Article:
Launching today, Jonna and the Unpossible Monsters is an all-ages miniseries from Chris and Laura Samnee, Matt Wilson, and Crank filled with action and monsters. An entirely new world worth exploring, the series is about a girl named Rainbow trying to find her sister Jonna after she may or may not have been eaten. Monsters now roam the planet and people are suffering close to extinction, but that won’t stop Rainbow from seeking out her sister. It’s a series that’s gorgeously rendered and opens with a story well worth exploring.
The first thing you’ll notice when reading this work is how gorgeously the environments are rendered. Samnee draws an exceptional world that feels layered, drawing you into the story through various environments, cities amongst the jungle, and good use of foreground and background to create a layering effect. The opening pages introduce us to the lush landscape, which is harshly juxtaposed later when Rainbow is seeking out her sister. It’s basically Eden to start this book, but quickly things go from angelic to dangerous as Jonna awakens something with their acrobatic running through the jungle.
The first twelve pages of this book read like a great 10-minute opening stinger to a television program you know nothing about. We’re introduced to the main characters only by sight and soon see Jonna bring a fight to a giant red monster they seemingly have no way of winning. In these silent moments, we get the understanding Rainbow is worried for her sister Jonna, and that Jonna is fearless. From there, the book cuts to black and we’re introduced to a shantytown set a year later.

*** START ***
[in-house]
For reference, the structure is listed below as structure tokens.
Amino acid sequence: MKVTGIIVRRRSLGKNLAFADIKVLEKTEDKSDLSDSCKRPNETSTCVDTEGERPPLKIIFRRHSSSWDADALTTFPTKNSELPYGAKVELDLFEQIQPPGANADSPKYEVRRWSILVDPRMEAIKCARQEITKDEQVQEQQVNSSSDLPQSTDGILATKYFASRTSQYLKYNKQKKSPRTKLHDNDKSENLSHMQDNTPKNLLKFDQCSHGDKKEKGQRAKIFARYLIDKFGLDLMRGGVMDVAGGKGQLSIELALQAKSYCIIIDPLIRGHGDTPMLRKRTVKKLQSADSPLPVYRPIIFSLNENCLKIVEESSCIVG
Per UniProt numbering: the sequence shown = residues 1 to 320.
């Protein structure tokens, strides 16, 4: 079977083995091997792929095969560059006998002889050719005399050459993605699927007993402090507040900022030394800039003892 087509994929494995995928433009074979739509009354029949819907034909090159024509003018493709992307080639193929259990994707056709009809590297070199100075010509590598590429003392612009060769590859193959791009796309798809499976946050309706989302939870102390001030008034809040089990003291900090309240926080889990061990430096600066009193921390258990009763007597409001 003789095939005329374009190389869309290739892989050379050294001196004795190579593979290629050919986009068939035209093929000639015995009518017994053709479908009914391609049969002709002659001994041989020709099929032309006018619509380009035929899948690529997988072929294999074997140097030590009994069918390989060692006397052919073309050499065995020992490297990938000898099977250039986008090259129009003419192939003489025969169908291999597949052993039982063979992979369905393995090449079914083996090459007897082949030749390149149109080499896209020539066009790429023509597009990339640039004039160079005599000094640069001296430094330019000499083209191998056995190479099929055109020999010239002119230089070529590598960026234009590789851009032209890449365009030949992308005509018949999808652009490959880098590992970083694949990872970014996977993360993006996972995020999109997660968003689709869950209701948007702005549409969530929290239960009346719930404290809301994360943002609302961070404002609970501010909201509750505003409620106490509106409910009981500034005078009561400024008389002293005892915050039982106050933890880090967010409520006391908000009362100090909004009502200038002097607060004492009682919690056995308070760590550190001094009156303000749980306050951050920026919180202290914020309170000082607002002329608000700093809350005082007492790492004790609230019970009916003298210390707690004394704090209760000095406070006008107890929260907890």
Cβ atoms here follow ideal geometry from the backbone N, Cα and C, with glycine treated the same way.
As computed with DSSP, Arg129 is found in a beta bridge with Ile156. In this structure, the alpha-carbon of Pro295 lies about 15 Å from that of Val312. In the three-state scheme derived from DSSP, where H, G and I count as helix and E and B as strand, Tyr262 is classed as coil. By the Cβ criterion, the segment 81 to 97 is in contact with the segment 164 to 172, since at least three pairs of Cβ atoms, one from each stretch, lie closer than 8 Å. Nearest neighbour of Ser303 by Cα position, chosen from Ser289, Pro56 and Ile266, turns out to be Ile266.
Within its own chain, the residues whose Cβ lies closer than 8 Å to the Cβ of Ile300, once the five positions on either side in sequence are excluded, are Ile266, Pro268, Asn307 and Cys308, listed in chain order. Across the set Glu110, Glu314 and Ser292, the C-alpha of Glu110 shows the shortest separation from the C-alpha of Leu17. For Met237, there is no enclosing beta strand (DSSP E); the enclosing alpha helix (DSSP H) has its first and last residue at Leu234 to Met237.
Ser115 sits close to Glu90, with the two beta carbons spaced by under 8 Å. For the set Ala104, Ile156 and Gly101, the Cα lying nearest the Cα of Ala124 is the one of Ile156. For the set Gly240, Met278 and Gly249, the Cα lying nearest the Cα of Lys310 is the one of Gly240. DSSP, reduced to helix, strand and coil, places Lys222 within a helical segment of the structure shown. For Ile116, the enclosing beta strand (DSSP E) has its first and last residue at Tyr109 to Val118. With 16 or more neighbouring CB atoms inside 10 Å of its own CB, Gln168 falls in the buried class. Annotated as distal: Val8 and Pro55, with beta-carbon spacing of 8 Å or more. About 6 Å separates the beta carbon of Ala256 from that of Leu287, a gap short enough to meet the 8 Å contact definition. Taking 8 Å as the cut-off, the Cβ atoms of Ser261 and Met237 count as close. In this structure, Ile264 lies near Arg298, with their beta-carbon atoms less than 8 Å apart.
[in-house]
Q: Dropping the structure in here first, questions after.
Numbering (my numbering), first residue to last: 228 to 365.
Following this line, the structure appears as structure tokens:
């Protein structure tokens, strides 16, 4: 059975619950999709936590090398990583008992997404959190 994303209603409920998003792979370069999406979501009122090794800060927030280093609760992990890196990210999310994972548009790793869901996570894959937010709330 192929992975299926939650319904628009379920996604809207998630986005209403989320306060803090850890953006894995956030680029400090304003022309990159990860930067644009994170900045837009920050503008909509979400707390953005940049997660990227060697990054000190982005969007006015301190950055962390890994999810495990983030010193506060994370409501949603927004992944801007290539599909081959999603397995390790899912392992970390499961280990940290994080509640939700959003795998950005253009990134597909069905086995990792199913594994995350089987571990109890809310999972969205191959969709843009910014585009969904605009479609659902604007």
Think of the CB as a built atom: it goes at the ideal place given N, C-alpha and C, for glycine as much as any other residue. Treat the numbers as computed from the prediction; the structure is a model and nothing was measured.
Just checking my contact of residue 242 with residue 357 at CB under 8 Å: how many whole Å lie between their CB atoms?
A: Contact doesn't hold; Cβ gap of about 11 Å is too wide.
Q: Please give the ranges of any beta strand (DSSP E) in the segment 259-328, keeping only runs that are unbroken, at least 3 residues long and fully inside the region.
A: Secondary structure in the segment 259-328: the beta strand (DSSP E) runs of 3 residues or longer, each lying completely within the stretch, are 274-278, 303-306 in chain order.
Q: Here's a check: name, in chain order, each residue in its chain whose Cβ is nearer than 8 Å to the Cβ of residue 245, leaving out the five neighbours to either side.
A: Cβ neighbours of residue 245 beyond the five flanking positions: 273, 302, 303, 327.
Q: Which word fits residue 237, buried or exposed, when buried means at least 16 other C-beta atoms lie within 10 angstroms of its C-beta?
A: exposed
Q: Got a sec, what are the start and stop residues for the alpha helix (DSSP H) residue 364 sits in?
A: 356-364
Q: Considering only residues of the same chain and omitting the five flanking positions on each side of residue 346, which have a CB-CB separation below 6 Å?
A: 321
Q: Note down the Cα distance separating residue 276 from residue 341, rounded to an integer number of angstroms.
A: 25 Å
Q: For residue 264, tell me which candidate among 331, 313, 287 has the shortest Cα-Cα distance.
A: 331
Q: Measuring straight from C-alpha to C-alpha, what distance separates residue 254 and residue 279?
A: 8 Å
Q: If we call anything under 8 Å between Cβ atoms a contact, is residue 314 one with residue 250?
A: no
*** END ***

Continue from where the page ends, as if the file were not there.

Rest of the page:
It’s in these scenes we see how bad it is thanks to the muck people live in with nothing but tents scattered about. The creative team expertly places interesting types amongst Rainbow, who is still seeking her sister, like worried old folks or a man with pegleg. At this point, it’s fairly mysterious where we are or who anyone is, but Laura and Chris Samnee have done well to create interest through the juxtaposition of a lush world now turned on its head. There is still hope in the people through, which we can see clearly through an elder who is Rainbow’s friend. Via body language, dialogue, and careful pacing the creative team captures the delicate nature of where people are at and how they care for one another best they can. It adds a warmness and humanity to the characters.
This is the kind of story that demands your attention and makes you insufferable for more. Could it have shown us more about the greater world, or more from Jonna? Probably, but it’s trying to pique your interest by not showing too much. Two glorious double-page spreads of the monster in this issue will certainly drive your imagination–like where it came from, why is it so big, and what does it want–and you’re left by the issue’s end with very little. Likely when collected it’ll be a non-issue, but as far as first issues there isn’t quite enough known about Rainbow, Jonna, or the world to form a strong opinion. It’s leaning very hard on the hook, so to speak.
Jonna and the Unpossible Monsters is a good first issue, dazzling with its lush opening world and driving your interest with many mysteries. Patient readers will love what we’ve been given knowing a vast world of monsters and adventure awaits. Jonna is an imaginative world that offers epic scale and mystery in equal measure.
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